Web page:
Friday, August 29, 2008

Palin VP Nomination

There seems to be some excitement about Palin, but I don't share it. I think it is an inadvisable choice, both tactically, and on the merits. It reminds me of George H. W. Bush's choice of Dan Quayle in 1988.

Palin's experience seems ridiculously thin. That is already a problem, but a much bigger problem when the guy at top of the ticket would become the oldest president, by several years.

I wonder if McCain was not excessively captivated by Palin's own apparent "maverick" (boy is that word over-used, for lack of a good synonym) image. This Peggy Noonan article dwells on the notion that McCain defines himself, more than anything else, by his "maverickness".

Then there is a subtlety pertinent to being the first woman in the office. Not every husband is well-equipped to be a good first gentleman (or whatever he will be called). Margaret Thatcher's husband, Denis, I believe was thought to have laid down a great path to follow in the U.K. I really know nothing about Palin's husband, except that he must have far less experience of the world even than she does, so one just has to wonder about that angle.

The Republican Party Has Developed A Bad Habit

...of nominating the guy who has paid his dues and whose turn it seems to be. And typically that kind of person is a career pol, an organization man, and not necessarily a very exciting candidate. That was how George W. Bush got nominated in 1992. Riding on Reagan's coattails, a record-breaking economic expansion, and a weak opponent, he got himself elected once, but was weak against Bill Clinton. Dole in 1996 was an even more stark example of the habit. Bob Dole was a good man, a dedicated and dutiful politician, but clearly a terrible campaigner for national office. He got destroyed by Clinton, it wasn't even close. Even Reagan was, to some extent, awarded the nomination after waiting his turn (I didn't say the habit always produces lackluster candidates!).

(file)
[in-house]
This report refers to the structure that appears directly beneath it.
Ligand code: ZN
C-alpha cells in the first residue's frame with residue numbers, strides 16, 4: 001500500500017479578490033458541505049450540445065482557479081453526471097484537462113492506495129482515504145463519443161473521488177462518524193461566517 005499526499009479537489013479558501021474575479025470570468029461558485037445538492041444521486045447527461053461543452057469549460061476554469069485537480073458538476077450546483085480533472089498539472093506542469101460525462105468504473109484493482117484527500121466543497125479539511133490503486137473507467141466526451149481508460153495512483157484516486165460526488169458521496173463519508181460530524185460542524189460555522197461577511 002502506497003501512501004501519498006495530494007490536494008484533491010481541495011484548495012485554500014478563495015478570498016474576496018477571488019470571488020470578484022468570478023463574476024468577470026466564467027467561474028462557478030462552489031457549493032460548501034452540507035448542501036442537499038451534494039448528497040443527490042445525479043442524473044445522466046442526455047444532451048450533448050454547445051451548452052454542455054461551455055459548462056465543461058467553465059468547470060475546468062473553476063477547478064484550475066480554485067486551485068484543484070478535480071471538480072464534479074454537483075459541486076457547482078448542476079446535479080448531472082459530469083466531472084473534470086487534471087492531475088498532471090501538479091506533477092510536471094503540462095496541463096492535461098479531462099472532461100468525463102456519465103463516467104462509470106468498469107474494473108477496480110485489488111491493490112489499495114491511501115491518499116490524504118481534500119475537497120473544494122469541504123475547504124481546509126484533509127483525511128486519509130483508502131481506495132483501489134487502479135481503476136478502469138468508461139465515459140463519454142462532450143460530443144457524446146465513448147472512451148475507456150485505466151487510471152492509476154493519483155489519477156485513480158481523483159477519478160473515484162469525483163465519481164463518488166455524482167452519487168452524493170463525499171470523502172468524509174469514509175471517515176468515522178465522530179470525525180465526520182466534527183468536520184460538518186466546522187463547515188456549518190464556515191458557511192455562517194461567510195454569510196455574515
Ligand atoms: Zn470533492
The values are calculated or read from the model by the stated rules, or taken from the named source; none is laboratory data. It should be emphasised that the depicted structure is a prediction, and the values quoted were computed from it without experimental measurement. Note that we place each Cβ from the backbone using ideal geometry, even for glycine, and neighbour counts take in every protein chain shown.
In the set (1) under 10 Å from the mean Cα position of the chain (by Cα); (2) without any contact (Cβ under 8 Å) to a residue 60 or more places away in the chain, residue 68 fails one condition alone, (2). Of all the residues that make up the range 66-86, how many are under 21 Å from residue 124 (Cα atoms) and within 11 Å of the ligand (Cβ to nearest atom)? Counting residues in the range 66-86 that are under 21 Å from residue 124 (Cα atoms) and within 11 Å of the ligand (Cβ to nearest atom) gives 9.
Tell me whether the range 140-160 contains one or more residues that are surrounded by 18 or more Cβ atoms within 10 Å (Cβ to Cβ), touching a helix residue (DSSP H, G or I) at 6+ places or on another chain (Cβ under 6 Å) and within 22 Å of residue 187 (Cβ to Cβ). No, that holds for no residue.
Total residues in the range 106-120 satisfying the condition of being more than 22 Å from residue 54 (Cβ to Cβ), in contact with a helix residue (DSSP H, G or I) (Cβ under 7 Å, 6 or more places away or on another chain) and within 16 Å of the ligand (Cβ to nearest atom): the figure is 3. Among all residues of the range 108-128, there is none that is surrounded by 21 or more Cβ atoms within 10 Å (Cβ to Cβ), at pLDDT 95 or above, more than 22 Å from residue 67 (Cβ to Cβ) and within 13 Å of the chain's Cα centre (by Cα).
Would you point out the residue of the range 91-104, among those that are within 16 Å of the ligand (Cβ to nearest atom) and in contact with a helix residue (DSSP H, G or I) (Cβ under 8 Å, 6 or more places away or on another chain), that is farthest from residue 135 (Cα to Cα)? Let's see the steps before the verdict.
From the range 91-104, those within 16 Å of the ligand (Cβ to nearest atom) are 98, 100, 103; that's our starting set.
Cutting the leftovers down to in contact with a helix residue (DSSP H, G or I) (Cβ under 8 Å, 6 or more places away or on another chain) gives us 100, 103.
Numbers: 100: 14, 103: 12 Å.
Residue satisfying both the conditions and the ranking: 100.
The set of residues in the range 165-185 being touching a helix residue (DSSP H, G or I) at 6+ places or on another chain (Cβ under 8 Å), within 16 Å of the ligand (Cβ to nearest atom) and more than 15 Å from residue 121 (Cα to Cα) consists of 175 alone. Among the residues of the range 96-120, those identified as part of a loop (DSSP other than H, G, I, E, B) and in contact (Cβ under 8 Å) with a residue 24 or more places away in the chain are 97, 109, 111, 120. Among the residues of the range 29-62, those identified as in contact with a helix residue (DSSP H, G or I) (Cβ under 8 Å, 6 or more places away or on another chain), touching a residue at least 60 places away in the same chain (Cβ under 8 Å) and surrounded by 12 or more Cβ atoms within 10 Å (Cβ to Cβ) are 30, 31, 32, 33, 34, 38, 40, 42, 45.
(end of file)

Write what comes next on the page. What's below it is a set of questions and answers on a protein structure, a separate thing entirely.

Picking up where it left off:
John McCain is yet another example. That wouldn't have been the case in 2000, but it is now. Waaaayy too old and establishment for the present mood of the country.

The one time the Republicans deviated from this recent pattern? Well in 2000, they did the exact opposite, nominated a guy who hadn't paid any dues at all, and that got us Dubya. Which I think explains this year's strong reversion to form.

Thursday, August 14, 2008

Exercise Fights Cancer

One more benefit of exercise. As close to a "silver bullet" as one is likely to find. And it is nearly free.

Sunday, August 10, 2008

There Is No Domestic Oil

This whole article is good, using very arch and pointed language to provide an econ and politics 101 lesson about the stupidity of presidential candidates blathering on about the importance of energy independence.